Allsup advises ongoing treatment for depression | Behavioral Healthcare Executive Skip to content Skip to navigation

Allsup advises ongoing treatment for depression

June 27, 2011
by News release
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Belleville, Ill. — Depression is a relatively common disorder that can interrupt lifestyles, normal routines and daily activities. Researchers at the National Institute of Mental Health (NIMH) report that depression and other debilitating mental illnesses affect 6 percent of the adult population and cost more than $300 billion each year.

According to Allsup, which represents tens of thousands people nationwide in the Social Security Disability Insurance (SSDI) application process each year, it is imperative that those who suffer with depression receive the necessary treatment and ensure documentation by their healthcare providers.

Depression comes in several forms, according to NIMH, including major depression, dysthymia, psychosis, postpartum depression, seasonal affective disorder and bipolar disorder. In addition, depression may live side-by-side with other illnesses, such as post-traumatic stress disorder, obsessive-compulsive disorder, panic disorder, social phobia and anxiety disorder.

The most important step for individuals is to make their doctor aware of their illness so that it can be properly addressed, said Ed Swierczek, senior claims representative at Allsup. Social Security Disability Insurance is a federally mandated insurance program.

SSDI provides monthly benefits to individuals with a severe disability who are under full retirement age (age 65 or older) and who can no longer work because of a severe disability (injury, illness or condition) that is expected to last for at least 12 months or is terminal. Individuals must have paid FICA taxes to be eligible.

“Anyone suffering from depression should always seek a mental healthcare professional for treatment,” Swierczek said. “Psychiatrists and psychologists are preferred as treatment sources, but the Social Security Administration has now indicated in a recent ruling that the evidence from a licensed clinical social worker or therapist may be used as evidence in the support of a claim for SSDI benefits.”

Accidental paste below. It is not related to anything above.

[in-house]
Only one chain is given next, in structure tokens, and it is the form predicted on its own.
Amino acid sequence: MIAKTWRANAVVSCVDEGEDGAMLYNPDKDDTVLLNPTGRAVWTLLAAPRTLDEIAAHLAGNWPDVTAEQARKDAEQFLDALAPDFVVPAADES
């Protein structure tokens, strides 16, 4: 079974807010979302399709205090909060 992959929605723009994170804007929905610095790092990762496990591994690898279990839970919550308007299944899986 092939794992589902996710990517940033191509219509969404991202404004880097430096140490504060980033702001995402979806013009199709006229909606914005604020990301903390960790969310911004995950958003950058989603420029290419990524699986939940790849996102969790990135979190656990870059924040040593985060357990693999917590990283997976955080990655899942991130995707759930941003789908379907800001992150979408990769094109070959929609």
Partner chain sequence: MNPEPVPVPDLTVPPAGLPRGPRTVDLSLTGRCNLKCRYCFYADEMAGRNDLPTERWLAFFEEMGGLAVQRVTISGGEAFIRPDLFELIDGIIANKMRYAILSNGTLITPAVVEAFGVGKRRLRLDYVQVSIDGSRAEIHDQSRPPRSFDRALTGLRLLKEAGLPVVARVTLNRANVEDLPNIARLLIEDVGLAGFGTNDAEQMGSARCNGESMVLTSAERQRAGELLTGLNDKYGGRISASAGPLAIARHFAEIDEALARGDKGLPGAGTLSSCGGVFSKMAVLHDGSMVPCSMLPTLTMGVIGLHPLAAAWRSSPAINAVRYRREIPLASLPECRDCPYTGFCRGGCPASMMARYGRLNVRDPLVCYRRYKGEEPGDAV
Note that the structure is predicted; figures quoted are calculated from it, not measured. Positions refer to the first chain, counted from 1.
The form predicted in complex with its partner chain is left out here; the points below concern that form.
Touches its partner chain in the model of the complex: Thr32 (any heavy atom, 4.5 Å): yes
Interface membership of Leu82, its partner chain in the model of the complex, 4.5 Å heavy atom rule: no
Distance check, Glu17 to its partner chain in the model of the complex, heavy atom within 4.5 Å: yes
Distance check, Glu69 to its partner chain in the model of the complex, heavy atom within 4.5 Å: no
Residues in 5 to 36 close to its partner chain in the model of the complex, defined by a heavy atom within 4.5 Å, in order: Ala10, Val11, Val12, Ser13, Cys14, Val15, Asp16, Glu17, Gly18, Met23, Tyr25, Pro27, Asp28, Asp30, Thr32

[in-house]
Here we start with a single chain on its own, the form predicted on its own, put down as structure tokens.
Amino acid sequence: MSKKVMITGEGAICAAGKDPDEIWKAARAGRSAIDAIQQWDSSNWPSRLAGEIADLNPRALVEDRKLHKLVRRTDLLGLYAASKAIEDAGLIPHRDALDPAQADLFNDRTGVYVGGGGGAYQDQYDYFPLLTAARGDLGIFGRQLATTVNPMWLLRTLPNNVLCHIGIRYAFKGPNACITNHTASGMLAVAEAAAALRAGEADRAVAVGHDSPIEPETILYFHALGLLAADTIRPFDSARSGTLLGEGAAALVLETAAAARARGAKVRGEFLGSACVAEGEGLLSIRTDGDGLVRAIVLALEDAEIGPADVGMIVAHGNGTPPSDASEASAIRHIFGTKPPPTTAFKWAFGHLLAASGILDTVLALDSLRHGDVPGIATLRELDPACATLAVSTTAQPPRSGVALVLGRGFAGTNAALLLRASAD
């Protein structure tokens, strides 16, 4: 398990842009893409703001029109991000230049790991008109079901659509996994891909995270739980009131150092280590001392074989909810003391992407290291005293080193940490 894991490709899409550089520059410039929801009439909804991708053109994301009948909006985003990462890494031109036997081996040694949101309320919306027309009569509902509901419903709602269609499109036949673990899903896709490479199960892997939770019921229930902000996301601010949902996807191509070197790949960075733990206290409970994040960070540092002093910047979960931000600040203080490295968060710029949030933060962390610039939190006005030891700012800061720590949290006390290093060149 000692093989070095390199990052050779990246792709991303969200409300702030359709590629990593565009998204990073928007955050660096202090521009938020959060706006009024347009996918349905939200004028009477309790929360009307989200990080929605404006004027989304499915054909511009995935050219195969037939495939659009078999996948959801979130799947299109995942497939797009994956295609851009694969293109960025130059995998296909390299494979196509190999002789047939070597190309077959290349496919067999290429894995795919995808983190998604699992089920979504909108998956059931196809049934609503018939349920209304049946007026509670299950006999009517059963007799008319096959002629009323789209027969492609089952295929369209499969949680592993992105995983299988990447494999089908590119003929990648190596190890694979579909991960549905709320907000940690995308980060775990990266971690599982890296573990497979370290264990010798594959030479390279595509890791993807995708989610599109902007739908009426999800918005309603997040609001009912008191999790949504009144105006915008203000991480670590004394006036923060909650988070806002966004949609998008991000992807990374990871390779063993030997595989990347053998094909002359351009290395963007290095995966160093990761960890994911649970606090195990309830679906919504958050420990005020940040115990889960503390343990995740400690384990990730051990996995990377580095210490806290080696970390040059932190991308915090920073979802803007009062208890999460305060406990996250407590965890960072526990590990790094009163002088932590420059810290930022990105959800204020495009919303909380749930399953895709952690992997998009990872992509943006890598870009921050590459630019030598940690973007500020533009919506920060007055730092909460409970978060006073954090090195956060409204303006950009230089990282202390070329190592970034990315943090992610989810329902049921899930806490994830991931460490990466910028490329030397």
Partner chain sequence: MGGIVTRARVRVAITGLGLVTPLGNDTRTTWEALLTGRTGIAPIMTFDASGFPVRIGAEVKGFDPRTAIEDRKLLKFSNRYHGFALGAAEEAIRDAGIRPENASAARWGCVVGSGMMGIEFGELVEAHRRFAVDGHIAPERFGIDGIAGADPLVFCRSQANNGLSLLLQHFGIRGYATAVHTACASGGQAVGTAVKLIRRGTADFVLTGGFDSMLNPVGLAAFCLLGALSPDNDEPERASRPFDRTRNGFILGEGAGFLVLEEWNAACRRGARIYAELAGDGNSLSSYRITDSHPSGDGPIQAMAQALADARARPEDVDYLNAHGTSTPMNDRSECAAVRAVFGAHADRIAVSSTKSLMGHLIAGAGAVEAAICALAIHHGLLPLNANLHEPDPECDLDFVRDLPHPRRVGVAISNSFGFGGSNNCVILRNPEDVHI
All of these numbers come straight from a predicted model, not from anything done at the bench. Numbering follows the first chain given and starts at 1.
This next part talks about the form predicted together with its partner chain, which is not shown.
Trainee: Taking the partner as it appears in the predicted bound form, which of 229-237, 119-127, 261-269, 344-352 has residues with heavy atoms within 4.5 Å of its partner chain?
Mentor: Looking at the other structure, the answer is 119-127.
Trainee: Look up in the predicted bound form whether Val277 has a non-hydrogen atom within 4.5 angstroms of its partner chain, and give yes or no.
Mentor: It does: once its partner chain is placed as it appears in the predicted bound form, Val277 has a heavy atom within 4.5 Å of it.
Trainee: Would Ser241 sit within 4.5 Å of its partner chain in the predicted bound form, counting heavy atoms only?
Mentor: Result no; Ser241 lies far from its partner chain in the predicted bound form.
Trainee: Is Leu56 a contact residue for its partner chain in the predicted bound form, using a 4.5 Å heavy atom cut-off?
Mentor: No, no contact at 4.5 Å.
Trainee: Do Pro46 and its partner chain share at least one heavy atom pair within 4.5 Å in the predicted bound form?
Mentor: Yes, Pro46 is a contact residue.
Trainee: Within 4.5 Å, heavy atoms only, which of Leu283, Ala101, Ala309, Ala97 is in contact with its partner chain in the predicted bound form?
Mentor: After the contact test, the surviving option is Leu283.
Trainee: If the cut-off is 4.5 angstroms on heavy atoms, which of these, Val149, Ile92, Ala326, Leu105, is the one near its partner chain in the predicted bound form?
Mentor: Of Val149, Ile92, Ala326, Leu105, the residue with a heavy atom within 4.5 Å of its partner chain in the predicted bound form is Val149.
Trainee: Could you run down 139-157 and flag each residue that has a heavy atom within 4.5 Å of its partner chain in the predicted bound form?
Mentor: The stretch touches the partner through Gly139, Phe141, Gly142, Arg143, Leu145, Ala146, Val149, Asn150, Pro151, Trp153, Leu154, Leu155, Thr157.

Documentation of medical treatment by mental health professionals is needed to reflect the presence of the disorder as well as other symptoms produced by the illness. “A primary care physician may be aware of your depression, but the records of a qualified mental healthcare professional will have more weight before an administrative law judge,” Swierczek said.

Find a doctor who will take steps to rule out all other possibilities. Some medications, viruses or a thyroid disorder can imitate the same symptoms as depression. When the doctor determines that no other medical condition is the cause, the patient may then be referred to a mental health professional for a thorough diagnostic evaluation.

An individual with depression can be treated with a number of methods once a diagnosis has been determined. The most common treatments are medication and psychotherapy.

“Depression can affect one not only mentally but physically,” Swierczek said. “Symptoms can lead to reduced energy, enthusiasm and motivation. This can be expressed by a claimant as marked fatigue or not feeling like doing anything.”

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